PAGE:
In his brilliant essay, “Hiding Behind The Screen,” Roger Scruton examines how social media affects our interactions on social media. One Scruton points out that the user is the one who controls the whole experience. He can leave the app at any time during an encounter with someone else and never return to it again. He doesn’t have to confront uncomfortable situations. The app allows him to block, mutes, and “swipe away” from people or ideas he doesn’t like. According to Scruton, while the user may feel free in their space, he cannot be in yours. He is completely dependent upon whether you want him to stay there.
This robs us from true freedom. This robs us of true freedom, as Scruton states, “liberty is a process that involves real conflicts and real solutions, in a shared space where each person can be held accountable for their actions and words.”
Dating apps were supposedly created to promote in-person relationships, but they encourage you to hide behind your screen during the most crucial part of a romantic encounter: the first meeting.
When you see someone attractive in a room, and want to get to know them, there is no way to retreat. You cannot hide behind the screen. One must confront and deal with all of his or her nerves. This is a very exciting thing. This is deeply human. The fact that some dating apps do not allow it indicates our disconnection from a true human experience.
If John Keats had first met Fanny Brawne as a pixelated picture, scrolling mindlessly on an iPhone, would he not have said to her, “If I should ever feel for Man the first time what I did for You, I am lost?” I’m skeptical.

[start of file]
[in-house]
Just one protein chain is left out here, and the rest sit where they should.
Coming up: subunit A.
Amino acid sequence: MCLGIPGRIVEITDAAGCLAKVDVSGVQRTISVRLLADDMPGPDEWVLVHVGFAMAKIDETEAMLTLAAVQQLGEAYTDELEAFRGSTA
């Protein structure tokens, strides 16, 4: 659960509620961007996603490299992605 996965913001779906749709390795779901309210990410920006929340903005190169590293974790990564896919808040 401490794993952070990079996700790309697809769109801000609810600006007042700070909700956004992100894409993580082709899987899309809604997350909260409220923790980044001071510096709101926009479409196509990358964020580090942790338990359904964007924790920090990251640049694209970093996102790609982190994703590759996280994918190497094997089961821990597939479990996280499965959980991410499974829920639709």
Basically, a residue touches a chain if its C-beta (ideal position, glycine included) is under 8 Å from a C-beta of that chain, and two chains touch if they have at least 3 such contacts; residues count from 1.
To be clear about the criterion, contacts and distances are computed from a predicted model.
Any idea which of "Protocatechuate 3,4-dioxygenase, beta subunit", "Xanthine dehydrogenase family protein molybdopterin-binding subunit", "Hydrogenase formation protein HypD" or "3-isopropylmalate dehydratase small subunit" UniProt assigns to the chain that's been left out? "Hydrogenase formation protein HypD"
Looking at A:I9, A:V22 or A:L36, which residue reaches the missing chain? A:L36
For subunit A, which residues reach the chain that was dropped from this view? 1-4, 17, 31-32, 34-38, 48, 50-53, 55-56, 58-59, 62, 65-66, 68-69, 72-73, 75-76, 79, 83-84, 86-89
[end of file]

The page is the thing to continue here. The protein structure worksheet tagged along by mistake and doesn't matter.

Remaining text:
Another aspect of dating is missing from the app: risk. If you want to build a lasting relationship with someone, then you need to be open to rejection. You may find yourself pondering on this person until your next meeting, at which point you might be able to get the courage to ask her out. She may challenge your autonomy if you wish. Keats said it in “Lines to Fanny ,”
What can I do to drive away
Remembrance from my eyes?
Ay! My brilliant queen, they’ve seen!
Touch is able to recall. “O say, I love you
What do you need to do to get rid of it
In your old liberty?
A first real encounter with beauty is a chance to see the true essence of human nature. The night follows, you stay up all night, remembering every detail–smiles, eyes and laughter. Keats again wrote of Fanny
To-night, if I may guess, thy beauty wears
A smile of much delight,
As brilliant and as bright,
As when with ravish’d, aching, vassal eyes,
Lost in soft amaze,
I gaze, I gaze!
These little, but crucial, things can help you overcome nerves, fear and anxiety that come with asking someone out. These little things help us to be free and face our conflicts head-on. This is why the first meeting with another person, particularly in romance, can be so magical. This can seem terrifying because beauty judge us, but also saves us.
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While dating apps are certainly beneficial for some people, it has also taken away something very valuable. They have made us more responsible for the actions of others. This may be why half of Tinder users only have one date. Tinder’s very purpose is to make us retreat from the screens and then challenge us to go beyond them.
I think John McEntee, and his team from The Right Stuff, are trying to give conservatives something worthwhile. However, I believe we shouldn’t be trying to rebuild on a heap of “broken images” and instead should strive to restore the whole human experience. Although my view might be in the minority of those who believe so, these advances make it less difficult to live free. We are becoming less married, more divorced, have fewer children, and more unhappy in a world that offers endless romantic possibilities. This is what Scruton calls an evil.
It may seem like an inevitable evil, but it’s an evil we must strive to eradicate if possible.